David Bergen, novelist, short-story writer (b at Port Edward, BC 1957). David Bergen grew up in the small fishing village of Port Edward and later in the small Mennonite town of Niverville, Manitoba.
David Bergen, novelist, short-story writer (b at Port Edward, BC 1957). David Bergen grew up in the small fishing village of Port Edward and later in the small Mennonite town of Niverville, Manitoba. He attended Bible college in British Columbia and Red River College in Winnipeg, where he studied creative communications. Bergen taught high school English in Winnipeg until 2002; he teaches creative writing for Humber College and the Banff Centre for the Arts. Like fellow Manitoban writers Miriam TOEWS and Sandra BIRDSELL, Bergen was raised in the Mennonite faith. Bergen has commented that his church's discouragement of questioning led him to writing. "Writing is a way of figuring things out," he has observed. "If you can't ask certain questions in church, maybe you can ask them in fiction." The issues that Bergen questions in his fiction include loss, guilt, familial estrangement, and the individual quest for redemption and salvation.
David Bergen's first publication was a collection of short stories titled Sitting Opposite My Brother (1993). The book includes a number of stories originally published in the well-regarded Journey Prize anthologies. Bergen received the John Hirsch Award for Most Promising Manitoba Writer in 1993. His first novel, A Year of Lesser (1996), concerns the spiritual struggles of a seemingly unspiritual man, an alcoholic and philanderer name Johnny Ferh. As suggested by the name of his small Manitoban town, Lesser, Fehr is a tragic hero on a lesser scale--weak, clearly flawed, but nevertheless not unsympathetic. A Year of Lesser won the McNally Robinson Book of the Year Award. See the Child (1999) is also set in small-town Manitoba and is also focused on a man coping with loss, in this case the death of a teenaged son. Reviewers described the book as "downbeat" and "dark," but noted David Bergen's authentic and moving portrayal of grief and personal devastation.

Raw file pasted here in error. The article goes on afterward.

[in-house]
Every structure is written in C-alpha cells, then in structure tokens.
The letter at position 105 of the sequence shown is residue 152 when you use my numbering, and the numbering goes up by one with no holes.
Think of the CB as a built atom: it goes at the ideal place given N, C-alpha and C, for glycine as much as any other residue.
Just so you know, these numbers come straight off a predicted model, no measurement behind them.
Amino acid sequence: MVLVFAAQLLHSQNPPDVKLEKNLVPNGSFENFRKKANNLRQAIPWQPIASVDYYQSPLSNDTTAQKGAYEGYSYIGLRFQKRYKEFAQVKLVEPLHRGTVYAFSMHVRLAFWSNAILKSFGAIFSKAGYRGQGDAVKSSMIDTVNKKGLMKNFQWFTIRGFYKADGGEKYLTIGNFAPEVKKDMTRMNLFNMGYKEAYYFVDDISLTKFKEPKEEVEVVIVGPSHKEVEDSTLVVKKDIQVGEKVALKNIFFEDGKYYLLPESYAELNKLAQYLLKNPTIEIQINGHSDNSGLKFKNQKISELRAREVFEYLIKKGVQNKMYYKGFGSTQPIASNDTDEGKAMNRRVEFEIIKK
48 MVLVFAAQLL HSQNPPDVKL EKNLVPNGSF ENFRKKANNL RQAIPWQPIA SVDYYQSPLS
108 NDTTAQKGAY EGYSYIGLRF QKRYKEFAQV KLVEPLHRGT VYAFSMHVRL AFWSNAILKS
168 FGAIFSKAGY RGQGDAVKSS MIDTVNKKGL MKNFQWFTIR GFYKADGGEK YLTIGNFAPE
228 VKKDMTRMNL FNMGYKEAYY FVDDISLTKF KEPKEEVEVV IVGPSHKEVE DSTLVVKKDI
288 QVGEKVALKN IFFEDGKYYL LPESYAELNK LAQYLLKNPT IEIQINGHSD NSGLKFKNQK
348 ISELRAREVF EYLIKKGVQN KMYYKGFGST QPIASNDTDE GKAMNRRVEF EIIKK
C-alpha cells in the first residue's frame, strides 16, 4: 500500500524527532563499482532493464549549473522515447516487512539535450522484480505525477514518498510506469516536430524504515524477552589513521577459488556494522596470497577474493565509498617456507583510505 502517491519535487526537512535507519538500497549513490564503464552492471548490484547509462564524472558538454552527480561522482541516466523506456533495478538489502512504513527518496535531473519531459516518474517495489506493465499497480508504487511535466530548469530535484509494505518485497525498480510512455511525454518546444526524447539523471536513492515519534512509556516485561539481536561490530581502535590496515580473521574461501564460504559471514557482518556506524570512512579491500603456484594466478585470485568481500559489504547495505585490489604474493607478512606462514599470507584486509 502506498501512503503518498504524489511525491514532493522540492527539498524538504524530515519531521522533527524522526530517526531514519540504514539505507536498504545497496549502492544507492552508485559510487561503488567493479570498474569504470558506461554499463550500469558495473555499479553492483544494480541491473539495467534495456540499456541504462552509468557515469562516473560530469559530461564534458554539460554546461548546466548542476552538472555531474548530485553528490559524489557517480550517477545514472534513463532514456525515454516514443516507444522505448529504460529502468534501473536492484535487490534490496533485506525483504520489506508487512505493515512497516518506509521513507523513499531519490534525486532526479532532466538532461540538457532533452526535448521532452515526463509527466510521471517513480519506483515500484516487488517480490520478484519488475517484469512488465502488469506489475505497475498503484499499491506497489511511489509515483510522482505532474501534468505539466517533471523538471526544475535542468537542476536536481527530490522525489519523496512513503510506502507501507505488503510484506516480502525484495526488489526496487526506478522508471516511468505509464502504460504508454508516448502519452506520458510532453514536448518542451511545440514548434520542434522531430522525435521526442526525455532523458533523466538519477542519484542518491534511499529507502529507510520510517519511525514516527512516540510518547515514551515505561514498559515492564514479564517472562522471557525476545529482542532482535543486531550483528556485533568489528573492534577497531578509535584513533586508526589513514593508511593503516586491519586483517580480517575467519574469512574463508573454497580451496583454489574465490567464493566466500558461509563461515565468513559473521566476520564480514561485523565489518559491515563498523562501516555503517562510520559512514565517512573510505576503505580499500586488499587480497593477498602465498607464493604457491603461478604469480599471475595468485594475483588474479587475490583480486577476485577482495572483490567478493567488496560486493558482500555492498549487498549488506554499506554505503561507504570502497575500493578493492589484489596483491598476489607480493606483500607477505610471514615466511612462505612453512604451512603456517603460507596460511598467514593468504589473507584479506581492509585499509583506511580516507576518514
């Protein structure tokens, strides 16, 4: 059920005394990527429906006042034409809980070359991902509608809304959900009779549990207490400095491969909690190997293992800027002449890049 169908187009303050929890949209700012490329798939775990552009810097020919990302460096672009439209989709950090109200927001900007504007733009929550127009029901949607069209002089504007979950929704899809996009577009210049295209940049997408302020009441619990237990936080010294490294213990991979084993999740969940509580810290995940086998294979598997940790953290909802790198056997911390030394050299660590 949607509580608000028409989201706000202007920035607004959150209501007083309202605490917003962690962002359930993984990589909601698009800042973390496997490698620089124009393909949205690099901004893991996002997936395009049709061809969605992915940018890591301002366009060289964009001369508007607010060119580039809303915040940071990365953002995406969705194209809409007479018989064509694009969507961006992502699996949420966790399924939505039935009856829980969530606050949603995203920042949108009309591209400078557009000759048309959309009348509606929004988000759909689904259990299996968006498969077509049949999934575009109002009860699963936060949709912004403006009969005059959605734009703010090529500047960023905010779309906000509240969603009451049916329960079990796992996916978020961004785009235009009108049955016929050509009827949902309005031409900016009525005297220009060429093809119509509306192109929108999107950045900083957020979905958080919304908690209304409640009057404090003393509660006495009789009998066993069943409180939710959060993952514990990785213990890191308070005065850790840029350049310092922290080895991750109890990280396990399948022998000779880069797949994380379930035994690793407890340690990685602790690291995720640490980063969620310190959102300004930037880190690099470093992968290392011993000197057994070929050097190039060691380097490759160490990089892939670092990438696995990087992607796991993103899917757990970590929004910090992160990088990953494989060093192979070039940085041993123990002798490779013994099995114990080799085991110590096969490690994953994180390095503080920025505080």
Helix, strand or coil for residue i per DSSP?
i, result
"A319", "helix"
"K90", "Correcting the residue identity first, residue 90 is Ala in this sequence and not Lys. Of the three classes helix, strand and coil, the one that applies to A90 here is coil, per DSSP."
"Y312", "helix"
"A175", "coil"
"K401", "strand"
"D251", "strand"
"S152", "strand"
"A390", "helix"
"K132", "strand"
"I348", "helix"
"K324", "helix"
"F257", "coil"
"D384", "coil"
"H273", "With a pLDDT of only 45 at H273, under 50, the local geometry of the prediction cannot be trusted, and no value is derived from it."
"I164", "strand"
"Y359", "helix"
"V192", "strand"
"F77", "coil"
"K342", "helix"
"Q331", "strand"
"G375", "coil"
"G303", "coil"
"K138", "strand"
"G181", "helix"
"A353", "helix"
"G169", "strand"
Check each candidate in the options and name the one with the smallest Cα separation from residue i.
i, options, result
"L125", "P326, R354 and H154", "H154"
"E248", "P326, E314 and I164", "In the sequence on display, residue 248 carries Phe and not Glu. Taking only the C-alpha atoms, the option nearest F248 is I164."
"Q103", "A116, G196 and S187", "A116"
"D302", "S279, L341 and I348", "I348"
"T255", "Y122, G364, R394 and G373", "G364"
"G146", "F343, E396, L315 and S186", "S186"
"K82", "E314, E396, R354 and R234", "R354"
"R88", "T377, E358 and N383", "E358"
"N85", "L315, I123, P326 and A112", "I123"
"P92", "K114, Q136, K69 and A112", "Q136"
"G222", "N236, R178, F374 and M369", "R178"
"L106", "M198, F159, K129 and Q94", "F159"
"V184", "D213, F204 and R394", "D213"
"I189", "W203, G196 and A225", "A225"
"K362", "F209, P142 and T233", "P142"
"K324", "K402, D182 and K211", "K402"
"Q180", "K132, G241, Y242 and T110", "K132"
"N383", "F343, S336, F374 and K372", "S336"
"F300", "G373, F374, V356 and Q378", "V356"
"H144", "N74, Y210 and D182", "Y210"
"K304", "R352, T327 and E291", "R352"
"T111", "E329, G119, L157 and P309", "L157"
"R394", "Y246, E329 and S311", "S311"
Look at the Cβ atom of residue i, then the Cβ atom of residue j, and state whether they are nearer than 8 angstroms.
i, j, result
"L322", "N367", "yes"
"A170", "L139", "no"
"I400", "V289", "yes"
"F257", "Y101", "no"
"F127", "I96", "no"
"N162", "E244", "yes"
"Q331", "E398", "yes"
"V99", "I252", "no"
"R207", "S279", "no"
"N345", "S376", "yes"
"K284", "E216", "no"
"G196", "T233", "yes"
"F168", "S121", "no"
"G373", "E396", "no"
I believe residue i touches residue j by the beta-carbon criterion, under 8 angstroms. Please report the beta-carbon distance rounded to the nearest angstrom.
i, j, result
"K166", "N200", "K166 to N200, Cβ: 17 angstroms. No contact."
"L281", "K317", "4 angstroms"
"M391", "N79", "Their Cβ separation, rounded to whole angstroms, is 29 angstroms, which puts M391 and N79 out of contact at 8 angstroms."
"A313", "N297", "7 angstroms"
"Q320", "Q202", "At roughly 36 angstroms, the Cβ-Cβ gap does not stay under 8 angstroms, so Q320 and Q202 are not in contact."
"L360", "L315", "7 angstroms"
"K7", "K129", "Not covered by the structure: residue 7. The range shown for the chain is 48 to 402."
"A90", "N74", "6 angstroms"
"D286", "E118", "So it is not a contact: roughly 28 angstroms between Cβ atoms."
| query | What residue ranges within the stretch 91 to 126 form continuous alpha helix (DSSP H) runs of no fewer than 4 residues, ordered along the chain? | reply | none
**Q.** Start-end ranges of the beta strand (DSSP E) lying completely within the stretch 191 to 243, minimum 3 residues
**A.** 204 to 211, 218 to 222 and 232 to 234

David Bergen won the 1999 Canadian Literary Award for his short story "How Can N Men Share a Bottle of Vodka." His third novel, The Case of Lena S. (2002), is a coming-of-age story set in Winnipeg. The protagonist is the sensitive, thoughtful 16-year-old Mason Crowe; Lena S. is his love interest, who suffers from depression and from repression by her fundamentalist parents. The Case of Lena S. was shortlisted for a number of major literary prizes, including the GOVERNOR GENERAL'S AWARD, and it won the Carol Shields Winnipeg Book Award.
Two intertwined narratives unfold in Bergen's 2005 novel The Time In Between. Ada Boatman is searching for her father, who has gone missing in Vietnam; Charles Boatman is searching for understanding and atonement for his part in a horrific incident, 30 years earlier, during the Vietnam War. Bergen draws on his own observations to depict present-day Vietnam, where he lived in 1996, but he notes that the novel was also influenced by his experiences teaching Vietnamese refugees in Thailand in the late 1980s. David Bergen won the SCOTIABANK GILLER PRIZE for The Time In Between, which was a Canadian best-seller.